I know we want to gather. I know we want to meet again. And that's a good thing. But if you make it all about the meeting, then we are reinforcing the opposite of what we’ve been trying to teach.
It doesn't mean that the gatherings are unimportant or that they are not crucial to who we are.
But don’t give your people the wrong idea that we can't be who we need to be without gathering in a building.
Reason #3: You shouldn’t exhaust your resources solving temporary problems.
The third reason, and perhaps the most important reason, is you shouldn't exhaust your resources trying to solve temporary problems.
There is a thankfulness that will emerge out of this time as a lot of churches are rethinking what they're doing. They are looking at their strategy, their ministry, and their programming in light of cultural change. There’s a bit of a reset happening
Five years from now, when we look back on this time, we will realize we re-evaluated quite a bit.
We redefined the term “essential.” We built muscles we didn’t even know we had. We learned a lot of things we didn’t want to learn but they turned out to be helpful. We figured out how to expand our digital footprint. We learned how to build a community online. We learned how to be incredibly responsive. We flexed an innovation muscle.
But what if we paused during this intermediate time and thought more deeply now? In the time between when we can legally gather and when we should gather, what if we leveraged our time to continue getting good at things that can help us for years to come?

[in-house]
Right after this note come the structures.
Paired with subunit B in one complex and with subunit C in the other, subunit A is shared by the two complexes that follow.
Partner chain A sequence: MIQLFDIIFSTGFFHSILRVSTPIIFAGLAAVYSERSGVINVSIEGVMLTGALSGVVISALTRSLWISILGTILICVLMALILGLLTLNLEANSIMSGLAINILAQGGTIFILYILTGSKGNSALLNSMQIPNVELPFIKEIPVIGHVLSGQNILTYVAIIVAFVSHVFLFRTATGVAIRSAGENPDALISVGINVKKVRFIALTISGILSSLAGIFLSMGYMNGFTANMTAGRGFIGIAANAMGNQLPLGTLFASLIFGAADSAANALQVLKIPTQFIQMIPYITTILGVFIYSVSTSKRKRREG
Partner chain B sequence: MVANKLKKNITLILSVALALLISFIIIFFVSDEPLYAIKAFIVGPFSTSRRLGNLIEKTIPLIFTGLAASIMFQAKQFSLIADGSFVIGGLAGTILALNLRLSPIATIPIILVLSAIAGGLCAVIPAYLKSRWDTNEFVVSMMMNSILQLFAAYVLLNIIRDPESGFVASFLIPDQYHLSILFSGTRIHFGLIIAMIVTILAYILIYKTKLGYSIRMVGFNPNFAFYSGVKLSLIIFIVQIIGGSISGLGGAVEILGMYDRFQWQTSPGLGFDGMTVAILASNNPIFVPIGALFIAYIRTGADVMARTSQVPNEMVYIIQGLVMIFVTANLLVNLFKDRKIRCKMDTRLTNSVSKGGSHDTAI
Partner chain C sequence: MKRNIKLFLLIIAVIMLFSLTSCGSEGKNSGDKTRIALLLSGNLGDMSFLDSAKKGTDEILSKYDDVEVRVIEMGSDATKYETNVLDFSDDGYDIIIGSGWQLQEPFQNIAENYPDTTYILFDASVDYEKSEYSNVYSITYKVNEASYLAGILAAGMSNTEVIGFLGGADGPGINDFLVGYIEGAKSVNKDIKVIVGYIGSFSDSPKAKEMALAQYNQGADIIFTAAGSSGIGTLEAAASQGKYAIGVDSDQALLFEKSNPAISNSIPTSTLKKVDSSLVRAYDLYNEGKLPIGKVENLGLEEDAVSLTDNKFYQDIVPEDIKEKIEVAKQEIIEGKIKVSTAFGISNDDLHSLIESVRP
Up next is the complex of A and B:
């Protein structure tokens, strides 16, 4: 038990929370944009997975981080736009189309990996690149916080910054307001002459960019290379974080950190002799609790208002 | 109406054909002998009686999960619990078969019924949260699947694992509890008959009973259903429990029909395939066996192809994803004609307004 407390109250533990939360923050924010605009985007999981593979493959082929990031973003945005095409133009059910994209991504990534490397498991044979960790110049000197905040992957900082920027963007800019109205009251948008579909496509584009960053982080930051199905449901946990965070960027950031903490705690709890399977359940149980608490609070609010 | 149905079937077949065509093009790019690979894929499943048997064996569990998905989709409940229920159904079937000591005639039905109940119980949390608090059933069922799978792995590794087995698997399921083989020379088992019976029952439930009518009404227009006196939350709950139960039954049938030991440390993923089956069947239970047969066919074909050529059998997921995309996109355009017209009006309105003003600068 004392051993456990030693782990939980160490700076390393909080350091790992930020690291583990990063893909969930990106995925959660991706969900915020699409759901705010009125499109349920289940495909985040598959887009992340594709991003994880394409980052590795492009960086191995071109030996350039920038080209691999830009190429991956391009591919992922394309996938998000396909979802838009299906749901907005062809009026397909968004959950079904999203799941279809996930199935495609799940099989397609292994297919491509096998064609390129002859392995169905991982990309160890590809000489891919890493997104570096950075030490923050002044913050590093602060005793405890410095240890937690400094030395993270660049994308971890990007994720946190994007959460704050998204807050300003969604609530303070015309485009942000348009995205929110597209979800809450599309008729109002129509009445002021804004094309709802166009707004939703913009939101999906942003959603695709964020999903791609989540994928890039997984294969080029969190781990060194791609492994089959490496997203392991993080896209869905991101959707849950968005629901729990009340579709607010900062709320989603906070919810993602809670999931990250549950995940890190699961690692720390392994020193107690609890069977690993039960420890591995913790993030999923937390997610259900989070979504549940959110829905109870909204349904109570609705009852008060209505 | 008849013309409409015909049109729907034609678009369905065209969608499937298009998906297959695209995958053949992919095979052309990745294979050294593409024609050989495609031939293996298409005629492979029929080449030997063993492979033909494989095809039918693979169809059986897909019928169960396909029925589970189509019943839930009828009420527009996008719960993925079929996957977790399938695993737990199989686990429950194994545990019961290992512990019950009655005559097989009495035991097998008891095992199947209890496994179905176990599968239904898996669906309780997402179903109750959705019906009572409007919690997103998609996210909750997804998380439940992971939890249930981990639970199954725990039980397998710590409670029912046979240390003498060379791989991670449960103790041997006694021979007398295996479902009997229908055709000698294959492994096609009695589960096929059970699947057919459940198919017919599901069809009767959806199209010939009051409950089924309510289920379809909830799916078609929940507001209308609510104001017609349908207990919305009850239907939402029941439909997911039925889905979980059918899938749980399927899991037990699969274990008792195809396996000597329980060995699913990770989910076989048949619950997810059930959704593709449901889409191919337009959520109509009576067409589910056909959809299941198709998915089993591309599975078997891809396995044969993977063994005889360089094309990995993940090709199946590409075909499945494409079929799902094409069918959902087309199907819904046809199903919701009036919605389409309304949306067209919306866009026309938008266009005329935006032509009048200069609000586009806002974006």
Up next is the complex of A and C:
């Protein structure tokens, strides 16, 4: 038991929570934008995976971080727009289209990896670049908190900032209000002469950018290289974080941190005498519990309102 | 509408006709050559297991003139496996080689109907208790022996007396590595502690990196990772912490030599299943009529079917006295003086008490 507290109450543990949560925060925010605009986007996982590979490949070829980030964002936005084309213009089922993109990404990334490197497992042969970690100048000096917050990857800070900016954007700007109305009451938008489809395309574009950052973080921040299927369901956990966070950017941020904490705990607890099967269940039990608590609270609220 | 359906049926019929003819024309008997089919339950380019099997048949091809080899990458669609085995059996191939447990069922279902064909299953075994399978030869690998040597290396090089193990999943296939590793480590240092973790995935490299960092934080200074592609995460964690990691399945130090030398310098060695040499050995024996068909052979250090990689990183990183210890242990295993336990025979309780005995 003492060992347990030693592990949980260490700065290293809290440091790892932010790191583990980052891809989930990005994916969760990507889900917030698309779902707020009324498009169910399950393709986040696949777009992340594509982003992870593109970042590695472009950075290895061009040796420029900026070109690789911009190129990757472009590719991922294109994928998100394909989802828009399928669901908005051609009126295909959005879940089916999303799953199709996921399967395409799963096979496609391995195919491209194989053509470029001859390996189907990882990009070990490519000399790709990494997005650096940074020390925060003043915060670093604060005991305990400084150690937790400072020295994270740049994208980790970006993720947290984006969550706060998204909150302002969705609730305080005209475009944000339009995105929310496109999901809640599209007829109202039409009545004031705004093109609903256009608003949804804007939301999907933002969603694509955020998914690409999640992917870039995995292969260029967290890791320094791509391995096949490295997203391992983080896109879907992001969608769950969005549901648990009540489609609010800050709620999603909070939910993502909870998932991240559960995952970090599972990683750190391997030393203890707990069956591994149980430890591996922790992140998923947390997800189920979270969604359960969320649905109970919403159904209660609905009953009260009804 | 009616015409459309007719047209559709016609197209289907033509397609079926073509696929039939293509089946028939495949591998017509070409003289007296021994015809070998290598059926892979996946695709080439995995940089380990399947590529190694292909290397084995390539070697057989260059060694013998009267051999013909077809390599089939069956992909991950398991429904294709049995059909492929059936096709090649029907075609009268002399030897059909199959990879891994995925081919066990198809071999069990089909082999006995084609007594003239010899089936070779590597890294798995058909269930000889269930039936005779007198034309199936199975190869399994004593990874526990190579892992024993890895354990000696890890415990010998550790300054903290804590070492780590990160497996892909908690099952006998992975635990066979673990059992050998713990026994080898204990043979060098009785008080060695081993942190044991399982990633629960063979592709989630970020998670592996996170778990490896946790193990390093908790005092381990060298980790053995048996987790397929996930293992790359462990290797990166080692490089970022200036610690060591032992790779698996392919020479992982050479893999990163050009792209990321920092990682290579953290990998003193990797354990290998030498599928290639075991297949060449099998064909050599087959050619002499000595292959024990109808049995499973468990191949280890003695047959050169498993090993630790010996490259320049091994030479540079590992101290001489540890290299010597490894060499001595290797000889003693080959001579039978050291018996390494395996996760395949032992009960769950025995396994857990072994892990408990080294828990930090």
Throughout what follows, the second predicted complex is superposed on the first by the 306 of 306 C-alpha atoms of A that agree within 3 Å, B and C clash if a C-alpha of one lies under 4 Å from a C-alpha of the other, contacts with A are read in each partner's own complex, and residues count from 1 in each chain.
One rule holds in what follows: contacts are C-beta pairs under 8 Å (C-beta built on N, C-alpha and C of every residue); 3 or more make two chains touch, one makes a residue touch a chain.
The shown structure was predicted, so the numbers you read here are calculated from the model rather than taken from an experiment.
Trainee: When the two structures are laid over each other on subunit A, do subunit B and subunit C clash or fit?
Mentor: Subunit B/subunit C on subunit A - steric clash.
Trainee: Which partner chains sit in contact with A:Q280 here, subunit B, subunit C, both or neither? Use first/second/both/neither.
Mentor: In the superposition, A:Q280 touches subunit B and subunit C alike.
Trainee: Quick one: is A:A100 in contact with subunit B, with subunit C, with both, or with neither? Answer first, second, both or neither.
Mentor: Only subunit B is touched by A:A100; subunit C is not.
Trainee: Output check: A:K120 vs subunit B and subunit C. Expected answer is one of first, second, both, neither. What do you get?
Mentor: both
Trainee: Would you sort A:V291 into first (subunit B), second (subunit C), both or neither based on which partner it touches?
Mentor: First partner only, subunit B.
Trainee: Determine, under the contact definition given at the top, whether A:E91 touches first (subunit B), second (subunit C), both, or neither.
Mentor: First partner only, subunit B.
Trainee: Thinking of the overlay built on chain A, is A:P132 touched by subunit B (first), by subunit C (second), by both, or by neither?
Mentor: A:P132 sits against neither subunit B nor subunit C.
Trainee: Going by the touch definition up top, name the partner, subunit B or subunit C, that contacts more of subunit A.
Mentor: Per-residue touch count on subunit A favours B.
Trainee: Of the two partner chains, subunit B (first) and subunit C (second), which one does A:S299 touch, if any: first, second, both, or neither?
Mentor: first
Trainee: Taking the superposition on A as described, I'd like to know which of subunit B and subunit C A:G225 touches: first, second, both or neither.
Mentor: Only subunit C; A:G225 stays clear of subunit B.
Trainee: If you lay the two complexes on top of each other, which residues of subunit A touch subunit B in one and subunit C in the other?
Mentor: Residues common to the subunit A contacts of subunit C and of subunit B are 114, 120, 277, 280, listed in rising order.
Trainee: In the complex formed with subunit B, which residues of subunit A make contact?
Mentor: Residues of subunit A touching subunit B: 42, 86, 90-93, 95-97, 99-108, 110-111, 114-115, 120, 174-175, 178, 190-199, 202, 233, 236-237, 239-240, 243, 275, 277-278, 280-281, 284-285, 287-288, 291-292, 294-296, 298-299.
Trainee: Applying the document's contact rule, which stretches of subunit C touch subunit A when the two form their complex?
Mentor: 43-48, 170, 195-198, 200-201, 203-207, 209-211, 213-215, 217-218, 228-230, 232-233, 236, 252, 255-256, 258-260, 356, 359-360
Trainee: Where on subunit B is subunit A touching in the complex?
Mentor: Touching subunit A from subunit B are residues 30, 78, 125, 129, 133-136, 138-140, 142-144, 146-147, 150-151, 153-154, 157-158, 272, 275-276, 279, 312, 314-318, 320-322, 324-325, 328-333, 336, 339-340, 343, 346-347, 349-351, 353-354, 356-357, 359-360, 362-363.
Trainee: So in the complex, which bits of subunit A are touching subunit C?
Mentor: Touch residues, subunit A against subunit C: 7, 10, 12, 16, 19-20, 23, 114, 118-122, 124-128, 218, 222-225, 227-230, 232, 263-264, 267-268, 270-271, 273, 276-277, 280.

These new skills and muscles we're developing will help us for years to come, not just the last few weeks.
Yes, we could rush back and quickly figure out changing guidelines, investing tons of man-hours and resources into solving a temporary problem. Or we could continue to build digital momentum, holding back the tide, until it’s not just safe but when it can truly kickstart momentum.
Build skills that you can use for the long haul; don’t just scramble to solve problems that only provide a quick fix.
We should view this pause as an opportunity to reset, not just rush back because we miss what we had. Of course, we miss our gatherings, but let’s not just run back to what is comfortable and familiar. Let’s embrace this time of learning and experimenting
Alan Hirsh said this…
“If you want to learn how to play chess, you should start by removing your own queen. Once you’ve mastered the game without the most powerful piece, then put the queen back in and see how good you are! For the church, the Sunday service is our queen. We’ve been relying on it too much. Now that the queen has been taken off the board it’s time to rediscover what all the other pieces can do.”
When you gather again, you will have new skills. You will be better.
It's not that we want to forever do church without the gatherings. We want to have those things, and we need to bring those things back. But it’s okay to temporarily build other parts of a healthy church. It doesn’t make the queen unimportant, it just means it’s not all about the queen.
Maybe this time of waiting is an opportunity.
And to come back better.